But when he finds out that his colleagues at his government laboratory don’t believe his claims are true, he decides to go it alone. With a little help from his millionaire inventor friend, Martin Crane, he commercializes his new technology in order to sell it to the world.

But as his plans begin to take shape, a former coworker makes an attempt to steal his invention from right under his nose. But now, it’s not just Dr. Seaton’s success on the line; the fate of the entire world depends on protecting his discovery.

Despite the first book being published over 80 years ago, the Skylark series is still seen as a sci-fi classic to this day. This novel is often hailed as the first of the great space operas, so it’s a great one to start with if you’re new to the genre.

8. The Forever War by Joe Haldeman

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Leaders of planet Earth have declared war against a distant, dangerous alien enemy known as the Taurans. Defeating this deadly race seems almost impossible, yet a reluctant army is drafted nonetheless, and among them is a man named Private William Mandella.

Mandella is propelled thousands of lightyears through space to fight in the seemingly unwinnable war. But he’s determined not to die. Survival is his only option, and so he performs his duties, knowing that one day soon if he can just stay alive, he might return home once again.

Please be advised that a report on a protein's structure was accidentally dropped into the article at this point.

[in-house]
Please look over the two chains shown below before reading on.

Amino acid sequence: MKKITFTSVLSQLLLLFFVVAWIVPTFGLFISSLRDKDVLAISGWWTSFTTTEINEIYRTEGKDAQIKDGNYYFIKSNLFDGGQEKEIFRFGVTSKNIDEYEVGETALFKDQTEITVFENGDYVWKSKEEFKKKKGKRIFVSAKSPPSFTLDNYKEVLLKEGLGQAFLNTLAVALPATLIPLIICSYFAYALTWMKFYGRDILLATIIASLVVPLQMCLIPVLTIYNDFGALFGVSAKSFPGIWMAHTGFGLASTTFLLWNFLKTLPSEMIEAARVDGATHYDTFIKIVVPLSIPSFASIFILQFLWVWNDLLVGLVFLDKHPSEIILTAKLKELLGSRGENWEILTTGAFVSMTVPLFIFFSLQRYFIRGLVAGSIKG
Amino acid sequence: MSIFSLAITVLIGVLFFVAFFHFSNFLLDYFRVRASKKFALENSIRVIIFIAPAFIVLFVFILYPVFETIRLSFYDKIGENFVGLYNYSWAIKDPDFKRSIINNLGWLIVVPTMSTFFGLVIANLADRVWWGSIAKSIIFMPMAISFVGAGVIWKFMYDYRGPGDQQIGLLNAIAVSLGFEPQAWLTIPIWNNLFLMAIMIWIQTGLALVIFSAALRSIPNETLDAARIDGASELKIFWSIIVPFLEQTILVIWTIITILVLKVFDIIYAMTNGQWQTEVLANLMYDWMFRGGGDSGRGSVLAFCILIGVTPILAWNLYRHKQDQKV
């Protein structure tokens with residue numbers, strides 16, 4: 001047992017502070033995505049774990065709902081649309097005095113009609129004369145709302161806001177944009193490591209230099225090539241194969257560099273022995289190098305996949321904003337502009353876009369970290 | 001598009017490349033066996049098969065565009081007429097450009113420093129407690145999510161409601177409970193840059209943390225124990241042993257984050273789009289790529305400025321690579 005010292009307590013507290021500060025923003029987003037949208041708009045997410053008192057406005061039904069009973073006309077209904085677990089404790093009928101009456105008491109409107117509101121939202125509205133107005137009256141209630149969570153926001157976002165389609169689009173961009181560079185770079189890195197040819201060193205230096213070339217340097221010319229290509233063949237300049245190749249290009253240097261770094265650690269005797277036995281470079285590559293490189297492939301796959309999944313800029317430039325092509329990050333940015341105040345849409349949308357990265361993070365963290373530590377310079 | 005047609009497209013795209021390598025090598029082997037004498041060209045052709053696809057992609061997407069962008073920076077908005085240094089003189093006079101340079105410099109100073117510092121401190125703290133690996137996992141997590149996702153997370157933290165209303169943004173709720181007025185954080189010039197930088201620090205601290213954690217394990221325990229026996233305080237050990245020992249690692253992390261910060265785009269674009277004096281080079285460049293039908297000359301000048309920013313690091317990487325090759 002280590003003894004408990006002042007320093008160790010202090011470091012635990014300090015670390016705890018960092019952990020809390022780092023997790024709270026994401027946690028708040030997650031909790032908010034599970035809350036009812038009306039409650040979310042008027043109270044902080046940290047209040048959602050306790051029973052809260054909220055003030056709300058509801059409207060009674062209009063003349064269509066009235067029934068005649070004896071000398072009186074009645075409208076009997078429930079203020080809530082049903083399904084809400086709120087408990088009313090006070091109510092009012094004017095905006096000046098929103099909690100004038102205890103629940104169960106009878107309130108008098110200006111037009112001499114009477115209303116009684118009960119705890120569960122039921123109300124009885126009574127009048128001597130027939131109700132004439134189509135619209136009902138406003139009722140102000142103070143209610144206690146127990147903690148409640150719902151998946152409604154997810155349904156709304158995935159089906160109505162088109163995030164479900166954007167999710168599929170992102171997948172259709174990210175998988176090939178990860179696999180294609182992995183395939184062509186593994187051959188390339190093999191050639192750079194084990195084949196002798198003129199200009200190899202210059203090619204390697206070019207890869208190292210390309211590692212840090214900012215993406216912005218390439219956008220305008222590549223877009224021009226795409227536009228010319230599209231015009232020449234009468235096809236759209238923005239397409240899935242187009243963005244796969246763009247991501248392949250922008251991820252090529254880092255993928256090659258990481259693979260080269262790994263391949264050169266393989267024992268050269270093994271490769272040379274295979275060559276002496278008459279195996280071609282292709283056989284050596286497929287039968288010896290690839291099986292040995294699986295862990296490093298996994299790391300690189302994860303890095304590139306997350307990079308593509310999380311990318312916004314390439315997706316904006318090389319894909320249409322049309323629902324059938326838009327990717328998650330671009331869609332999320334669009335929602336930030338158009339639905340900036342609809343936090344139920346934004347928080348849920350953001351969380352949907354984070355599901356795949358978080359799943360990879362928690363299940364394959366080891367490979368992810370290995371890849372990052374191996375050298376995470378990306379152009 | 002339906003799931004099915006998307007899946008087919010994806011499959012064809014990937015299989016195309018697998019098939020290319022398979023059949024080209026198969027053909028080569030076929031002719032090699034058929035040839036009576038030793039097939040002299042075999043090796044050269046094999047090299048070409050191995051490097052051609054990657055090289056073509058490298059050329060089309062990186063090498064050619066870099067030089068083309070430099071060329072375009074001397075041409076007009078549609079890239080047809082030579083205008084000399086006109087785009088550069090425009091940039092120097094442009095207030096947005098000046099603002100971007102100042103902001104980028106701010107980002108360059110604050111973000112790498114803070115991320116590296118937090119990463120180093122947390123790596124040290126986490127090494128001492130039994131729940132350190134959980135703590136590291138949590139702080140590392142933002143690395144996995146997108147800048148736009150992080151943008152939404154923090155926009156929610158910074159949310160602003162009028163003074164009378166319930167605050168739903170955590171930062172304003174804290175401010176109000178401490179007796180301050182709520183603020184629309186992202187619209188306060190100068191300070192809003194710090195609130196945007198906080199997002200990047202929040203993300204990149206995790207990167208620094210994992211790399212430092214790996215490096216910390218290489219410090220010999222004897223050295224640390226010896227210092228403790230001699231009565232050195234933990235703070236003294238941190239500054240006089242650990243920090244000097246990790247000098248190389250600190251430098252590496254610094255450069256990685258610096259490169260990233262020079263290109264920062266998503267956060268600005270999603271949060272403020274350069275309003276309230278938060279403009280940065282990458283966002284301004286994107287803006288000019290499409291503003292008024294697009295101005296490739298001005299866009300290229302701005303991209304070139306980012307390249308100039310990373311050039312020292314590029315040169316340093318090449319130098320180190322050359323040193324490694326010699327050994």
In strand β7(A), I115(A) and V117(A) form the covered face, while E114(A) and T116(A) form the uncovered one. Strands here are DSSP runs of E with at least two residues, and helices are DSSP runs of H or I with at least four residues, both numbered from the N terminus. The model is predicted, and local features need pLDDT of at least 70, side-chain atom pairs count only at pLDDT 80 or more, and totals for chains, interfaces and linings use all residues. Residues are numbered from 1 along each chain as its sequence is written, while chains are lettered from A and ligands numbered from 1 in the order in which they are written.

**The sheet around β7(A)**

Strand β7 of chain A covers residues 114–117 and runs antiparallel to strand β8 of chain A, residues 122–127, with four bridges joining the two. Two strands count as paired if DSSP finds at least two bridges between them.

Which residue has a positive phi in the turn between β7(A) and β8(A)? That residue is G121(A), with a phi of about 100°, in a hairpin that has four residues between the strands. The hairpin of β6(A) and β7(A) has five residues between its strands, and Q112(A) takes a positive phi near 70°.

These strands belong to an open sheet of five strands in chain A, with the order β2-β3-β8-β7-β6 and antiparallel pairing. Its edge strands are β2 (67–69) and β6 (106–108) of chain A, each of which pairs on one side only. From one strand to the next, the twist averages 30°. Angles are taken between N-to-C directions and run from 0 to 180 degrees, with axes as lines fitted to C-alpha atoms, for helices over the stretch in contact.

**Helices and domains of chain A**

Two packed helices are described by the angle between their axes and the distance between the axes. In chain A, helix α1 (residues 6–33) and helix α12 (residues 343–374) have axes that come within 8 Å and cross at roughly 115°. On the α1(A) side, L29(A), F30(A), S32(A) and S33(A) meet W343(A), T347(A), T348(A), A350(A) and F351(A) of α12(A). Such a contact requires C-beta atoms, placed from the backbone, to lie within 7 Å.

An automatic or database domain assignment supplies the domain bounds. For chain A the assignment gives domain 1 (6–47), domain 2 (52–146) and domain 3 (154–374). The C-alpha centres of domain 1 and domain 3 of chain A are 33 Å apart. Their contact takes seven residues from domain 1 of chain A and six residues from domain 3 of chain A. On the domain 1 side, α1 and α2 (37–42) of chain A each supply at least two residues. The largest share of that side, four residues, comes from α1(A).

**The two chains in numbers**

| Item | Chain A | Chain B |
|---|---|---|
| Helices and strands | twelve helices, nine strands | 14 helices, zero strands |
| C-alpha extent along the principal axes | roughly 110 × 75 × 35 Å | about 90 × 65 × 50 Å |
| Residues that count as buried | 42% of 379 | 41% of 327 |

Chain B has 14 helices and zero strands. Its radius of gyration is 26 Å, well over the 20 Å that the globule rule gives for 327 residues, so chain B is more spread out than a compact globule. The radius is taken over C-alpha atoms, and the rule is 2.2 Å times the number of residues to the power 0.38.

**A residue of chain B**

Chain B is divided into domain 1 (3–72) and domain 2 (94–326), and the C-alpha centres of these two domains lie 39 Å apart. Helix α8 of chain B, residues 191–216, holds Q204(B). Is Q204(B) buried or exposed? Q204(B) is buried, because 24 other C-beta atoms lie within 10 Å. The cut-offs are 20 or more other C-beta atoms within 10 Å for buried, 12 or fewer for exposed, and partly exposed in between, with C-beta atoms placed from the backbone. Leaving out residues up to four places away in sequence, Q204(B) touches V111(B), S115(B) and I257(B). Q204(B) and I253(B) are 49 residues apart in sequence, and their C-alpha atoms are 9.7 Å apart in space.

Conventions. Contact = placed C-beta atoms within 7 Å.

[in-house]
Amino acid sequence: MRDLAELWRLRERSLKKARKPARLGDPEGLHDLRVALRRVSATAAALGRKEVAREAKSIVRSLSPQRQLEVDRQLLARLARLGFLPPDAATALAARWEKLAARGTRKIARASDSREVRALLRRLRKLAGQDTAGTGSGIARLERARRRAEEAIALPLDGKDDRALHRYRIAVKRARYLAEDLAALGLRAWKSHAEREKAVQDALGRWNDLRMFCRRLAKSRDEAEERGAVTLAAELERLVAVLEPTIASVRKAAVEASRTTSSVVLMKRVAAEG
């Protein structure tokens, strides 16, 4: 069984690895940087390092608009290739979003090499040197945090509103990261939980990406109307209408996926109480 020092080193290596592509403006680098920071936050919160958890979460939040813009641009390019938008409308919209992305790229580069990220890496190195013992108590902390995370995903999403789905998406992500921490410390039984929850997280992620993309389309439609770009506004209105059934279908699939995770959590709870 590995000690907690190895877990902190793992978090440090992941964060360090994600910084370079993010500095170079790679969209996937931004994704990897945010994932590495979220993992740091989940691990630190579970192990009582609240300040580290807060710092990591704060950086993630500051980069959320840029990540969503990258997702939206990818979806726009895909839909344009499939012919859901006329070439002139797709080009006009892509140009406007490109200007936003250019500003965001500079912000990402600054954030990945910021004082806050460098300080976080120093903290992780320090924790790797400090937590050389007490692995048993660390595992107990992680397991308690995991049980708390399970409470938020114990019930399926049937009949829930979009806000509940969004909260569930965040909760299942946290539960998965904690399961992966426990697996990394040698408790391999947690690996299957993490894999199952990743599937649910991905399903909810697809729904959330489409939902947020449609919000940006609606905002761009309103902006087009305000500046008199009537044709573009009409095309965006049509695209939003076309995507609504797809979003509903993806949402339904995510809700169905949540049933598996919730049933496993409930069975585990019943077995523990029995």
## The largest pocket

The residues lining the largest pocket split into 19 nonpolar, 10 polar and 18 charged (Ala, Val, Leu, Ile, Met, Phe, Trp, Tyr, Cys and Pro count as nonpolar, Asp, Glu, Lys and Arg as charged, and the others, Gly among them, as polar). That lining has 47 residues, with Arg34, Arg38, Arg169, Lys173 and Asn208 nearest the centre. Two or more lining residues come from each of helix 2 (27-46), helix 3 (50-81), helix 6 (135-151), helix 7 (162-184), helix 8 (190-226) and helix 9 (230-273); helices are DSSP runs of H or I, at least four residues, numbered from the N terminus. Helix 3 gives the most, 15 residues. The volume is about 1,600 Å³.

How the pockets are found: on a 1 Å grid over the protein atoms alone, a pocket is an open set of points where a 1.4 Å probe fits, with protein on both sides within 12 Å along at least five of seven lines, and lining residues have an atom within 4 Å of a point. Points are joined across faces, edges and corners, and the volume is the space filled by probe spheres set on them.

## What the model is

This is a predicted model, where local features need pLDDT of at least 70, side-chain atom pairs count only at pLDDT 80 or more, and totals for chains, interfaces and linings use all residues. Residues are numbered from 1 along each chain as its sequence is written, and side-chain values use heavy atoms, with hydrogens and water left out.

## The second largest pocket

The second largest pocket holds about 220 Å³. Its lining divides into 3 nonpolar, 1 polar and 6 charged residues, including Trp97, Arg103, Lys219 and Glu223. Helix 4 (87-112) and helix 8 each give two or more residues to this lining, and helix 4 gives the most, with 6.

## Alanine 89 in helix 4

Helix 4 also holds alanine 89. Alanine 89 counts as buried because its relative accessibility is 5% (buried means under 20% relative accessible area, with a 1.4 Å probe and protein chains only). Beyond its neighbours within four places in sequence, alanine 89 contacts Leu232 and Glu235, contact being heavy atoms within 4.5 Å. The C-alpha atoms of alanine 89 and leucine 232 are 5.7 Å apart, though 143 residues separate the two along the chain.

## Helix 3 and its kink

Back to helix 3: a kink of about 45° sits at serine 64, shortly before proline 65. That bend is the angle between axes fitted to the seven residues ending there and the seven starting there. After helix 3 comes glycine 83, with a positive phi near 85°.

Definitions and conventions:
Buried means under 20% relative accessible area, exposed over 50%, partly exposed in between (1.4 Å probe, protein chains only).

But home isn’t exactly as he left it. Due to a glitch in time caused by his interstellar space travel, something has gone very wrong. While he remains the same, the Earth he will return to has aged by centuries.

This 1974 space opera novel saw immediate success and went on to win a Nebula Award the following year, along with the Hugo and Locus awards in 1976.

9. The Long Way to a Small, Angry Planet by Becky Chambers

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Rosemary Harpe had low expectations when she first joined the crew of an old spaceship named Wayfairer. Battered, patched up, and falling apart all over again, the ship has certainly seen better days. But it will give Rosemary a chance to see far off corners of the universe, and with any luck, escape her troubled past back home.